As with many other terms, the expression “spatial query” means different things to different suppliers. In the majority of cases it refers to the process of selecting information (features and associated attribute data in tables) by some form of query operation that includes a spatial constraint. For example: SELECT all features WITHIN a specified radius of a specified point; or SELECT all point objects that fall WITHIN a specific polygon. For most (all) GIS packages this selection process can be achieved by a point-and-click visual interface, subject to certain selection rules. In parallel there is the option to execute a single command or series of commands as a script or program, or as a form of extended SQL query. The result of such queries may be a new table and feature set, which can be viewed, analyzed further or saved for additional analysis. Raster-based GIS packages do not generally support spatial query operations, although they may support standard SQL queries on attribute data. The various approaches are best understood by describing a number of specific implementations:
ArcGIS provides full support for standard SQL SELECT queries, such as: SELECT <all polygons in a given layer> WHERE <attribute table field> EQUALS <value>. It does not appear to support other forms of SQL query, such as MAKE TABLE, UPDATE or DELETE. It supports JOIN and RELATE operations between attribute tables based on specific fields, but it also provides spatial extensions to the JOIN and RELATE process enabling tables to be joined and queried based on their relative locations. Where joins are based on spatial location, data from one set of features are incorporated into the attribute table of the other set of features according to selectable rules. The ArcMAP visual interface provides a “Select by location” facility with selection qualified by a variety of spatial conditions (applicable to point, line and polygon features where meaningful): Intersect; Are within a distance of; Completely contain; Are completely within; Have their center in; Share a line segment with; Touch the boundary of; Are identical to; Are crossed by the outline of; Contain; Are contained by. Each of the options may be further modified by selecting a tolerance level (a buffer — see further Section 4.4.4, Buffering) around the points, lines or polygons in question.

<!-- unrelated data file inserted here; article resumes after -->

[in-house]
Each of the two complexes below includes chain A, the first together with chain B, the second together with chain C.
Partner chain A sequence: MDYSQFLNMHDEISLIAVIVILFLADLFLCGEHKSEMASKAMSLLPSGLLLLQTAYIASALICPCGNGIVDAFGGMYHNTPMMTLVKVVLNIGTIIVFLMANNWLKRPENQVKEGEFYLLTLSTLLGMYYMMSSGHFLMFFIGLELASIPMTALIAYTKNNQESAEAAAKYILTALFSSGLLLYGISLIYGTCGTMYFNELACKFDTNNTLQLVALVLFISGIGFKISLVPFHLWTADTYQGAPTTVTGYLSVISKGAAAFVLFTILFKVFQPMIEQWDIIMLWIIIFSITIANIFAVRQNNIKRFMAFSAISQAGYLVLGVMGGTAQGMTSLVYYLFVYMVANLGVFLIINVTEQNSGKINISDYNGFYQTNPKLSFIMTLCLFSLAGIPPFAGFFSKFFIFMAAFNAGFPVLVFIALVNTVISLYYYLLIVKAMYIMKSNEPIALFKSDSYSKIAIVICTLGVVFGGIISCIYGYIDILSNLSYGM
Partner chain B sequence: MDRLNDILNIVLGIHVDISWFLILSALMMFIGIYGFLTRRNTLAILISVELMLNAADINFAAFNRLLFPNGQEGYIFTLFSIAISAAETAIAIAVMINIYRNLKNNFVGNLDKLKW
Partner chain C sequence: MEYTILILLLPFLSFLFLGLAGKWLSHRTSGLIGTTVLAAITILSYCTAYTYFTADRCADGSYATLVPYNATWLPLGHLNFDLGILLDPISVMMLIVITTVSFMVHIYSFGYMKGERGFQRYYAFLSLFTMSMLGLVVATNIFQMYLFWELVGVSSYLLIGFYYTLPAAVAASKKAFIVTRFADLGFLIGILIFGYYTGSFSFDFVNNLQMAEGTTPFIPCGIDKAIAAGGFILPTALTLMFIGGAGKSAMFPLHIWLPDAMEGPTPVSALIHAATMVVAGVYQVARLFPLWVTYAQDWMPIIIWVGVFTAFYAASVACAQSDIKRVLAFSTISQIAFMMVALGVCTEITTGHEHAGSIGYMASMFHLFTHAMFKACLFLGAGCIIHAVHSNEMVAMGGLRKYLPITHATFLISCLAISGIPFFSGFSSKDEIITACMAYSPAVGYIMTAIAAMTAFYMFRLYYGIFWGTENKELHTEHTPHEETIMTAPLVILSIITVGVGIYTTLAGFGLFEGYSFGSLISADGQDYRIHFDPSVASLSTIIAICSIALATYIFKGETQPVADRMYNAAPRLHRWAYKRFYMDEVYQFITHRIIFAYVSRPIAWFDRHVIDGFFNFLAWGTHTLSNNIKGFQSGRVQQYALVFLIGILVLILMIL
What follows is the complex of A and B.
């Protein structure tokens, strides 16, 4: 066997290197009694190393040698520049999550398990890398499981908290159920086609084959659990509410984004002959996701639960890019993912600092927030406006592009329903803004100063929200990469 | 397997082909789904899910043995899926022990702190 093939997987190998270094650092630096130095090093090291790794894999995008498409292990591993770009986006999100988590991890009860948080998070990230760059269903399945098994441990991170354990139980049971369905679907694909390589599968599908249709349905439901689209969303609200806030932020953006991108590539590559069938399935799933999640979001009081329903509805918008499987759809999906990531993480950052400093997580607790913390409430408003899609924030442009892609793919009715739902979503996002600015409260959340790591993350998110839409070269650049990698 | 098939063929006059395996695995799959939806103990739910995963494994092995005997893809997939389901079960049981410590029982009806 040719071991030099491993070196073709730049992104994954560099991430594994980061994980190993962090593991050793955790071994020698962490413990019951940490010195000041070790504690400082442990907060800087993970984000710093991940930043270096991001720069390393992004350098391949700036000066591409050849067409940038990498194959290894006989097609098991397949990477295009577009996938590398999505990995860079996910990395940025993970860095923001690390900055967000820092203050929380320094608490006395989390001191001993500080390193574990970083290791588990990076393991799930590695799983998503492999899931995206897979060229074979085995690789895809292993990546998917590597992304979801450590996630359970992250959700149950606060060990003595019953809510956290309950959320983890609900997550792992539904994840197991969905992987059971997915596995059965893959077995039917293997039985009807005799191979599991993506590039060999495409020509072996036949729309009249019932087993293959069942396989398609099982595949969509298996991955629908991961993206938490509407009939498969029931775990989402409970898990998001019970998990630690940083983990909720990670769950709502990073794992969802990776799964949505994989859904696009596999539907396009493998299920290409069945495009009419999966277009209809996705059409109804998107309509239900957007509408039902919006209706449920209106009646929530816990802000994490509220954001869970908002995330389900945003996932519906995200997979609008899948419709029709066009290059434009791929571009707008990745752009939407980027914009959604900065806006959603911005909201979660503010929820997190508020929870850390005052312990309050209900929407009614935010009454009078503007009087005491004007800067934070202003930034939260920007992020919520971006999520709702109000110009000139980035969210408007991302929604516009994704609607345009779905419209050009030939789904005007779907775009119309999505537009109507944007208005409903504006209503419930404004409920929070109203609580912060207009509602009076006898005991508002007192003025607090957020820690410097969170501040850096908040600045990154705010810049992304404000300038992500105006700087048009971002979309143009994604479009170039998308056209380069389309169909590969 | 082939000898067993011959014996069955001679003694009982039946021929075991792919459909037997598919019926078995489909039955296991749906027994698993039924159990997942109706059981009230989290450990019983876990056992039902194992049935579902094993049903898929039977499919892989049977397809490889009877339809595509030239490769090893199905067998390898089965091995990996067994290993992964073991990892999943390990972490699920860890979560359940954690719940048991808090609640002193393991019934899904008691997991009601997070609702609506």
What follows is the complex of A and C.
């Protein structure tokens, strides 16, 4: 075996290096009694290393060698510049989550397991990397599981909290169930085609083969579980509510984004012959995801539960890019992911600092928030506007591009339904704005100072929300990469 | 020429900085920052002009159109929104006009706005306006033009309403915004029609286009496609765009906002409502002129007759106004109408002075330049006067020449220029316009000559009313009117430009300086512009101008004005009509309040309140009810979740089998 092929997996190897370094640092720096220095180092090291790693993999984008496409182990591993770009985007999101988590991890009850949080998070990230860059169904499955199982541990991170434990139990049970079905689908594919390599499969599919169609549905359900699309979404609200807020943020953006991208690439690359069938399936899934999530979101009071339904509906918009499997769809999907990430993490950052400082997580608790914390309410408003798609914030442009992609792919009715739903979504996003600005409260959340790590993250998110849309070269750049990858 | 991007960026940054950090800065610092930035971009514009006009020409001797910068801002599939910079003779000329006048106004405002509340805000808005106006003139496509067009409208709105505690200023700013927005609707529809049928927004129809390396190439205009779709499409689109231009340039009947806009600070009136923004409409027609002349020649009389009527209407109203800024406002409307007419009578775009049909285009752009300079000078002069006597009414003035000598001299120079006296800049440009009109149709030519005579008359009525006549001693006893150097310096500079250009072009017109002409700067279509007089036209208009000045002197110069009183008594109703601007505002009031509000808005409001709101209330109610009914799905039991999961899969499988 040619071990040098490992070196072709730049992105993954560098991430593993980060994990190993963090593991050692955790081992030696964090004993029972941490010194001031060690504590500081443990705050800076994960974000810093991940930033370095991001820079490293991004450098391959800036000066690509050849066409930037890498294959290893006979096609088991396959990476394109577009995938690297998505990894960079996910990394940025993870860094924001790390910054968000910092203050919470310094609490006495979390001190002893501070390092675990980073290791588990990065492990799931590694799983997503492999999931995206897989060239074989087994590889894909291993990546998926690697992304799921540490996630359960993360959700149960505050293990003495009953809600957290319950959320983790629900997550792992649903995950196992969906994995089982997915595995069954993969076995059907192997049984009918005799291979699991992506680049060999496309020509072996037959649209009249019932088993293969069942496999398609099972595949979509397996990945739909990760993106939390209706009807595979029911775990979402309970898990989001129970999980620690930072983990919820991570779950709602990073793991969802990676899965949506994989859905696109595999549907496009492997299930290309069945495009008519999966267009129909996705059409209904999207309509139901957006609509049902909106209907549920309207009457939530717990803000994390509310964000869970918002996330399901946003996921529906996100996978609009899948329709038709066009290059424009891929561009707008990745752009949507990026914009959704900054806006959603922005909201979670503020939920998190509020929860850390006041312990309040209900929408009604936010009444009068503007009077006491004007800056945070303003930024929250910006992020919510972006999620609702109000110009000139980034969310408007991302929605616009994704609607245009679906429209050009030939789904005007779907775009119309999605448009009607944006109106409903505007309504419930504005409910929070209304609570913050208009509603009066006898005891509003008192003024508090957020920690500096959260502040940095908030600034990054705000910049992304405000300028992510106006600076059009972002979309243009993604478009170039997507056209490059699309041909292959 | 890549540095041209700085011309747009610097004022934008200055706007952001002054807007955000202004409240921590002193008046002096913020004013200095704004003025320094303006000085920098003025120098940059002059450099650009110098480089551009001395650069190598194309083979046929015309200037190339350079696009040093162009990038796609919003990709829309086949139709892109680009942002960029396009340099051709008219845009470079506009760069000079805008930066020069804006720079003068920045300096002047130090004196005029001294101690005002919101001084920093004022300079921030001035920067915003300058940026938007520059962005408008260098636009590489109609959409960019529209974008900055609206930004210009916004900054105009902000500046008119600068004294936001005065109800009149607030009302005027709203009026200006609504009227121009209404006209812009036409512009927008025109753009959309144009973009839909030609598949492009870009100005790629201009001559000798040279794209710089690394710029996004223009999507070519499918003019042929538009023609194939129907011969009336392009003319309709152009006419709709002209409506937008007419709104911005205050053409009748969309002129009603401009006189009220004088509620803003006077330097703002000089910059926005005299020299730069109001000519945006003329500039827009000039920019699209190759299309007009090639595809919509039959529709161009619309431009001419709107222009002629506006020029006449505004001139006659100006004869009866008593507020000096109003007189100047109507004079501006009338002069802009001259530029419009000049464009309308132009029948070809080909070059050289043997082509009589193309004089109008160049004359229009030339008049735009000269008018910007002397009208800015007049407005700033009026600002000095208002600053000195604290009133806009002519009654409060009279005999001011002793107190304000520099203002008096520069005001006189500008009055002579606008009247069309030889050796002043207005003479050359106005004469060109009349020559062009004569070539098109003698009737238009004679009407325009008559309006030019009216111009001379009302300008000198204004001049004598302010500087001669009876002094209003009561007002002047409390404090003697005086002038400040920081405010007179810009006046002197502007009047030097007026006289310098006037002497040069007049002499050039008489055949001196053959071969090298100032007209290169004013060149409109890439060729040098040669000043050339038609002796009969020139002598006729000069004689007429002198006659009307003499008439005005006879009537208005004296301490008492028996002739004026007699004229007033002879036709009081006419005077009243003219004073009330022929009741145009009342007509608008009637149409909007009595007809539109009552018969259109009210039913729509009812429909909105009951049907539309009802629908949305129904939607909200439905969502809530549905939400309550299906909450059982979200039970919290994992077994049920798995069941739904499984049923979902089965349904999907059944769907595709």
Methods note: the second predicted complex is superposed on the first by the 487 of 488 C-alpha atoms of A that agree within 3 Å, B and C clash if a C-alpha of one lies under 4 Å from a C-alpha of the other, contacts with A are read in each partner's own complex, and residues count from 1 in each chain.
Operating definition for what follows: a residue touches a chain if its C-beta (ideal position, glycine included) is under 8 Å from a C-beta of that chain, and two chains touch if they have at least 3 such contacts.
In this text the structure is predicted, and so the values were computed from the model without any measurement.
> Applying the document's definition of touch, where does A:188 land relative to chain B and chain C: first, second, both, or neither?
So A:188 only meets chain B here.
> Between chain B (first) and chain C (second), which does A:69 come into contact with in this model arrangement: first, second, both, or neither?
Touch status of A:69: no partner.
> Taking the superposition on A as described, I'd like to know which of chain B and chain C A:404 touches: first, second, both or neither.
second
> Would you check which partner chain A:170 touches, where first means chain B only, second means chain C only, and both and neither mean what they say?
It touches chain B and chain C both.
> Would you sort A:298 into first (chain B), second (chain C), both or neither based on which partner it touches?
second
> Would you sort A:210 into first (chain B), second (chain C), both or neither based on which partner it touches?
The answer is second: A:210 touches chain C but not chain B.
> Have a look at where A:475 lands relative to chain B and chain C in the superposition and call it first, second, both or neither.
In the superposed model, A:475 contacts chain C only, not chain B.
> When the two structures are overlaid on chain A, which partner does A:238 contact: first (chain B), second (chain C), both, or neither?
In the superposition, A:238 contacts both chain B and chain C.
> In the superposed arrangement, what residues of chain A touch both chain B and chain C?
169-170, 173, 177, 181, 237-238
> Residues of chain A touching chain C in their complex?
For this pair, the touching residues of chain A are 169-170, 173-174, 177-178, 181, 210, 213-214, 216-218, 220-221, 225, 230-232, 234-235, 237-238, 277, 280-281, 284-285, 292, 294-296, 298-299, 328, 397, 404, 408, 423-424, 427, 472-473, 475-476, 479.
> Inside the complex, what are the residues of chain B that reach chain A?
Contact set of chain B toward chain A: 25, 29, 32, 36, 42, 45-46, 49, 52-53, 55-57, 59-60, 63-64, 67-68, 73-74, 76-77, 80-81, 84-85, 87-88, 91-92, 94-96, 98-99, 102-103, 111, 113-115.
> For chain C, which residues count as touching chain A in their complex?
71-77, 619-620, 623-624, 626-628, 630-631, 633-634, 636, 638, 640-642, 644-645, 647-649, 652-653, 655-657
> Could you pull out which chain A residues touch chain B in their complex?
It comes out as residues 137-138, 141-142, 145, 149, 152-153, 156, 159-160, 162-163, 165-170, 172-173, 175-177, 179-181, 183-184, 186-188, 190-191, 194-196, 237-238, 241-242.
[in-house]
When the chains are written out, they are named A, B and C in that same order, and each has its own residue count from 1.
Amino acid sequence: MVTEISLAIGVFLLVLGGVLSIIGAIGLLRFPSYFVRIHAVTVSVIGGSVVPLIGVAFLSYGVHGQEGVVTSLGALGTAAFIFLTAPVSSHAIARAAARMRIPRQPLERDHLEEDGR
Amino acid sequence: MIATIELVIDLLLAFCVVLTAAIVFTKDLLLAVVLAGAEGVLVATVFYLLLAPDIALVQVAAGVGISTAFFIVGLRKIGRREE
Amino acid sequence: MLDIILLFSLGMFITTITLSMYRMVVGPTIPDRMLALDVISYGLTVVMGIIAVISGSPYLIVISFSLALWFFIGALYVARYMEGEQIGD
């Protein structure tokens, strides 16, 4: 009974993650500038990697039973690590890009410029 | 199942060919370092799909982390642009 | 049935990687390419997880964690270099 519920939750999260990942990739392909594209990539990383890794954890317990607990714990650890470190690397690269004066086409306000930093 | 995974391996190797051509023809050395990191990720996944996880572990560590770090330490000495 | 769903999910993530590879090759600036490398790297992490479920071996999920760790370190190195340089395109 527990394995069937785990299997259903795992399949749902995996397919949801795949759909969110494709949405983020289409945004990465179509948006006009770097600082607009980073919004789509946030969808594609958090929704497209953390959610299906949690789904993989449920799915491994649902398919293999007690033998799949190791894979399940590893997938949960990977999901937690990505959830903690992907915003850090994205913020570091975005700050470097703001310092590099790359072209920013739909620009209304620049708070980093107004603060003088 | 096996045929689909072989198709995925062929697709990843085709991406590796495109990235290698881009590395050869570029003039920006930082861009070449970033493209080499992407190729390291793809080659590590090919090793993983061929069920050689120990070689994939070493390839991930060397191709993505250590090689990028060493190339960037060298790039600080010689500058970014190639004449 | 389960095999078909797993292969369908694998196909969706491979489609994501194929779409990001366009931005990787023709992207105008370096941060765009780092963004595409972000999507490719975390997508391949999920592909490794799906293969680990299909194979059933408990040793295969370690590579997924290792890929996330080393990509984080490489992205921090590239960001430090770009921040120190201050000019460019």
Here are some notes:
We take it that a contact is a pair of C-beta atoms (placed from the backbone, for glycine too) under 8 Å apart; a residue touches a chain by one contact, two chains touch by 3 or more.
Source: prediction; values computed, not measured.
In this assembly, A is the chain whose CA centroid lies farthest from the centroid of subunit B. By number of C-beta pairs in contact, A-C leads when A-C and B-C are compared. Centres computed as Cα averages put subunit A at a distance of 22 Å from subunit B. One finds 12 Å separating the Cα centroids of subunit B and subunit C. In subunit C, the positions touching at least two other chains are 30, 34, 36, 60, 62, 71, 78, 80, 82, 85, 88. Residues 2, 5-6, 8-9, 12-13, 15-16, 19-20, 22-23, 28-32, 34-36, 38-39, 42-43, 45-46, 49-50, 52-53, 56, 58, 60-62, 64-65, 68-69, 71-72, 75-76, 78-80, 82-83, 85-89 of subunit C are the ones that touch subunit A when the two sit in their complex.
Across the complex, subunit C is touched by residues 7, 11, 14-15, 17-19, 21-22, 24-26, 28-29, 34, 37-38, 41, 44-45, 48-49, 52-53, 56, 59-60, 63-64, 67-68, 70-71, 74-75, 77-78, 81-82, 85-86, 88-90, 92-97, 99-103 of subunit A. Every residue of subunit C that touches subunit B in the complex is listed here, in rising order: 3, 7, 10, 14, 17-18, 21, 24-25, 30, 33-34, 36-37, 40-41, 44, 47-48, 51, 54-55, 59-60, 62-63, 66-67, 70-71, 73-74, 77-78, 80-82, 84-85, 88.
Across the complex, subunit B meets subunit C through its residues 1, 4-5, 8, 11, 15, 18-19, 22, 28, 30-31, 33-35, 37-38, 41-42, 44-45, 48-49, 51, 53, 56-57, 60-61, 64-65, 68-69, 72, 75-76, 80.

Manifold provides support for specific spatial extensions to the standard SQL syntax. This enables a very large range of operations to be carried out, including so-called Action Queries (e.g. queries that CREATE, UPDATE and DELETE table data). Example spatial extensions that result in true or false being returned include: Adjacent, Contains, Intersection, IsArea/IsLine/IsPoint and Touches. These operations may be combined with other spatial operations (such as distance and buffer functions) to select records, and may also be combined with operators that generate spatial objects (e.g. a triangulation or convex hull of a point set) rather than simply selecting or amending existing objects. As such many of Manifold’s spatial query functions are an extension of its “Transform” facilities, performing geometrical processing on the selected data as well as simply selecting items.
MapInfo, like ArcGIS, provides a range of SQL SELECT facilities and support for spatial joins. Spatial join operators supported include: Contains (A contains at least the other object, B’s centroid), Contains Entire (A contains whole object B), Within (as per Contain, but A and B roles are reversed), Entirely within, and Intersects (A and B have at least one point in common). These operators enable attribute tables to be JOINed without sharing a common field (i.e. a spatial join only).